And After Pinochet?
By Jesse Helms
Thursday, December 10, 1998; Page A31
In July, during the Rome Conference to establish an International Criminal
Court, I warned that such a court would be arbitrary and contemptuous of
national judicial processes and would trample the sovereignty of democratic
The delegates and "human rights" activists in Rome scoffed at my concerns.
The new system of international justice, they promised, would never allow a
rogue prosecutor, answerable to no government or institution, to interfere
with the national reconciliation process of a stable democracy with a
functioning legal system. Only dictatorships would be affected.
Well, follow their deeds, not their words. The treatment of former Chilean
president Augusto Pinochet has confirmed my every warning. Today a
rogue Spanish judge is using "international law" to trample Chilean
sovereignty and overrule Chile's functioning judiciary, its democratically
elected government and the decision of its people to choose national
reconciliation over revenge. And the advocates of the International Criminal
Court are cheering him along.
Amnesty International USA President William Shulz fired off a letter to
Secretary of State Madeleine Albright last week stating that Amnesty was
"deeply concerned about statements you made in which you imply that the
decision whether or not to extradite Pinochet should be left to the Chilean
people." (Heaven forfend!) "Your statement," he continues, "is akin to stating
that . . . Pinochet should not be extradited to Spain." In other words,
Amnesty acknowledges that the Chilean people and their elected leaders
oppose Pinochet's extradition. It just doesn't care. The Pinochet case should
sound alarm bells for citizens of every democratic nation. It puts the integrity
of our judicial systems and right to self-government in danger.
Much has been said of human rights abuses during the Pinochet era. I do
condone abuses by anyone. But the majority of Chileans will tell you that the
1973 coup d'etat led by Pinochet rescued their country from ruinous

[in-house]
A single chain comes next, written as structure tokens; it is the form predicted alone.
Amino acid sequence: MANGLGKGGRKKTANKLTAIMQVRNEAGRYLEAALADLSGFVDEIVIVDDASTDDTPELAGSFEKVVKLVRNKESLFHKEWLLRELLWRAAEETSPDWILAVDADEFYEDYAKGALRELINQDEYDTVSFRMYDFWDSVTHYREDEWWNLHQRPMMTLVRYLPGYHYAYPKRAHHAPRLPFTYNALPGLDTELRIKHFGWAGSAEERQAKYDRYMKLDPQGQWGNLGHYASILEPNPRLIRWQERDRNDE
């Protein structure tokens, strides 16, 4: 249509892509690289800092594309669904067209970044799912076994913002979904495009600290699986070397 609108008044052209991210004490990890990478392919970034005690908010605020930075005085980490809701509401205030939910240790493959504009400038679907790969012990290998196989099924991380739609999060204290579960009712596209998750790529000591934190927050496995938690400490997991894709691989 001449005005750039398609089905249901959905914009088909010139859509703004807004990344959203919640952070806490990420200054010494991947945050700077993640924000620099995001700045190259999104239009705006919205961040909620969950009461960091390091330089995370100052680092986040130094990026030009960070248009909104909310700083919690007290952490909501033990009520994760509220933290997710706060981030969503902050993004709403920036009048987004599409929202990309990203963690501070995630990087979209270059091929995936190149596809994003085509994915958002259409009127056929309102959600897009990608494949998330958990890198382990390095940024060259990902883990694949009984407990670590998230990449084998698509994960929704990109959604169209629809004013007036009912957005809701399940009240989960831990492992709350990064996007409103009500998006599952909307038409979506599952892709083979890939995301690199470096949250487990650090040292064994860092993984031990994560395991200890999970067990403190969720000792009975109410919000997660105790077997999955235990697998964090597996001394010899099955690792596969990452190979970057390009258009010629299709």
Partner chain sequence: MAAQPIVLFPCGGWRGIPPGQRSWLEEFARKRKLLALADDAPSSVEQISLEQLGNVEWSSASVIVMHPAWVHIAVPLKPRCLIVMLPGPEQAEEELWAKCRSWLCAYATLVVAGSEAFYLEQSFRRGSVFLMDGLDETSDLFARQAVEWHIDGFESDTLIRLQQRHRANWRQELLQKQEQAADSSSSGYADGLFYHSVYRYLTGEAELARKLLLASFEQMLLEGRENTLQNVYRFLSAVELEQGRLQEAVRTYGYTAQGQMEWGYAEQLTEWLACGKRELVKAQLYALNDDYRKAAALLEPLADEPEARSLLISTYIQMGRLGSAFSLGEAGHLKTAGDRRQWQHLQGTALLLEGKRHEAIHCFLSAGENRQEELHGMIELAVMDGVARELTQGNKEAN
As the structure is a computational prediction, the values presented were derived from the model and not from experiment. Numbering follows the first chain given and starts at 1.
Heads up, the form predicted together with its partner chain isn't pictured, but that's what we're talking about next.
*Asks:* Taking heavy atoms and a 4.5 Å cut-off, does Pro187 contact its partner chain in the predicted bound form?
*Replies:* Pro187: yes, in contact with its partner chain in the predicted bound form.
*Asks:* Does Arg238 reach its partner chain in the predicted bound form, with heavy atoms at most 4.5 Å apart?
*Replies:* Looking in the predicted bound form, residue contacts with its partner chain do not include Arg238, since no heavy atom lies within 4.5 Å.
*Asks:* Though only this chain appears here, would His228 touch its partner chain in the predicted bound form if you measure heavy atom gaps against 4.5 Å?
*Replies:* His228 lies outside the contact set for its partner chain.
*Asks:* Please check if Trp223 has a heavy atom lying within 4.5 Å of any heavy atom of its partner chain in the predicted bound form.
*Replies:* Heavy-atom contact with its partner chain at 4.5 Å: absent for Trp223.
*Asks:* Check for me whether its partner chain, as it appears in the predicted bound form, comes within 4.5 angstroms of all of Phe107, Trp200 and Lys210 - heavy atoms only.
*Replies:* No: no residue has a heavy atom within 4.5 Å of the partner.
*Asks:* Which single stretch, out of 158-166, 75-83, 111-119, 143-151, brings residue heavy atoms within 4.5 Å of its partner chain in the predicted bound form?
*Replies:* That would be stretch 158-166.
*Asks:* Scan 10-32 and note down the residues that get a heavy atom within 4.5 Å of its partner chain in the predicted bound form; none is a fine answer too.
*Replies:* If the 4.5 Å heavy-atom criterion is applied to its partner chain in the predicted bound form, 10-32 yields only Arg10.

anarchy. His action stopped Chile's transformation into a Cuban-style
communist state and the spread of Marxist revolution across Latin America.
And what is beyond dispute is that in 1988 Pinochet voluntarily submitted
rule to a national plebiscite, and then respected the results of that popular
vote by stepping down and handing power to a democratically elected
civilian president. He left Chile a free, thriving, prosperous, democratic
The Chilean people took stock of Pinochet's legacy -- both the successes
and excesses of his regime -- and made a conscious decision to move on.
Some may disagree with this, but it was a decision for the Chilean people
alone to make. Now comes Baltasar Garzon, who has arbitrarily decided he
will overrule their decision. Okay, if overruling Chile's national reconciliation
is acceptable, how about South Africa? The Truth and Reconciliation
Commission just declared that the African National Congress committed
gross violations of human rights, including torture, assassination and
summary execution of hundreds of political opponents. ANC leaders all
received amnesty. Should some foreign judge now have the power to
overrule that decision and force them to stand trial?
The new system of global "justice" being created here is arbitrary and
capricious. The same day that Pinochet was arrested in London, Spain's
prime minister was clinking glasses with Fidel Castro at the Ibero-American
summit. Yet when Cuban exiles petitioned Garzon's court to begin similar
proceedings against Castro, he contemptuously dismissed their case.
If Castro goes free, how about Gorbachev? Under his leadership, the Soviet
Union committed genocidal acts, war crimes and crimes against humanity in
Afghanistan, and sent KGB death squads into Latvia and Lithuania. Should
Gorbachev be arrested on his next speaking tour?
Jiang Zemin travels freely between the capitals of Europe. Why not arrest
him and prosecute him for the thousands he murdered in Tiananmen Square?
Why not arrest Yasser Arafat for acts of terrorism he ordered?
The point is this: Who decides who stands trial and who goes free in this
brave new world of "global justice"? Some self-appointed Spanish judge?
Some foreign prosecutor in an International Criminal Court? Or the free
peoples of sovereign democratic nations?
Garzon and his allies counter that they are putting dictators on notice
justice now reaches across borders. Dictators will be put on notice, all right.
And the lesson will be: Never step down -- you'd be a fool to give up power,
as Pinochet did. Fight until the last man.
I would gladly trade Fidel Castro a comfortable exile in Spain for his
to step down and allow Cubans to live in freedom. But if Garzon succeeds,
there will be no more "peaceful transitions to democracy." If dictators cannot
be offered amnesty or safety in exile, they will never hand power to
democratic movements. The incentive will be for greater repression, not
This is the world crusaders for an International Criminal Court are
unwittingly creating. The United States must actively oppose it.
The writer is a Republican senator from North Carolina and chairman of
Foreign Relations Committee.
© Copyright 1998 The Washington Post Company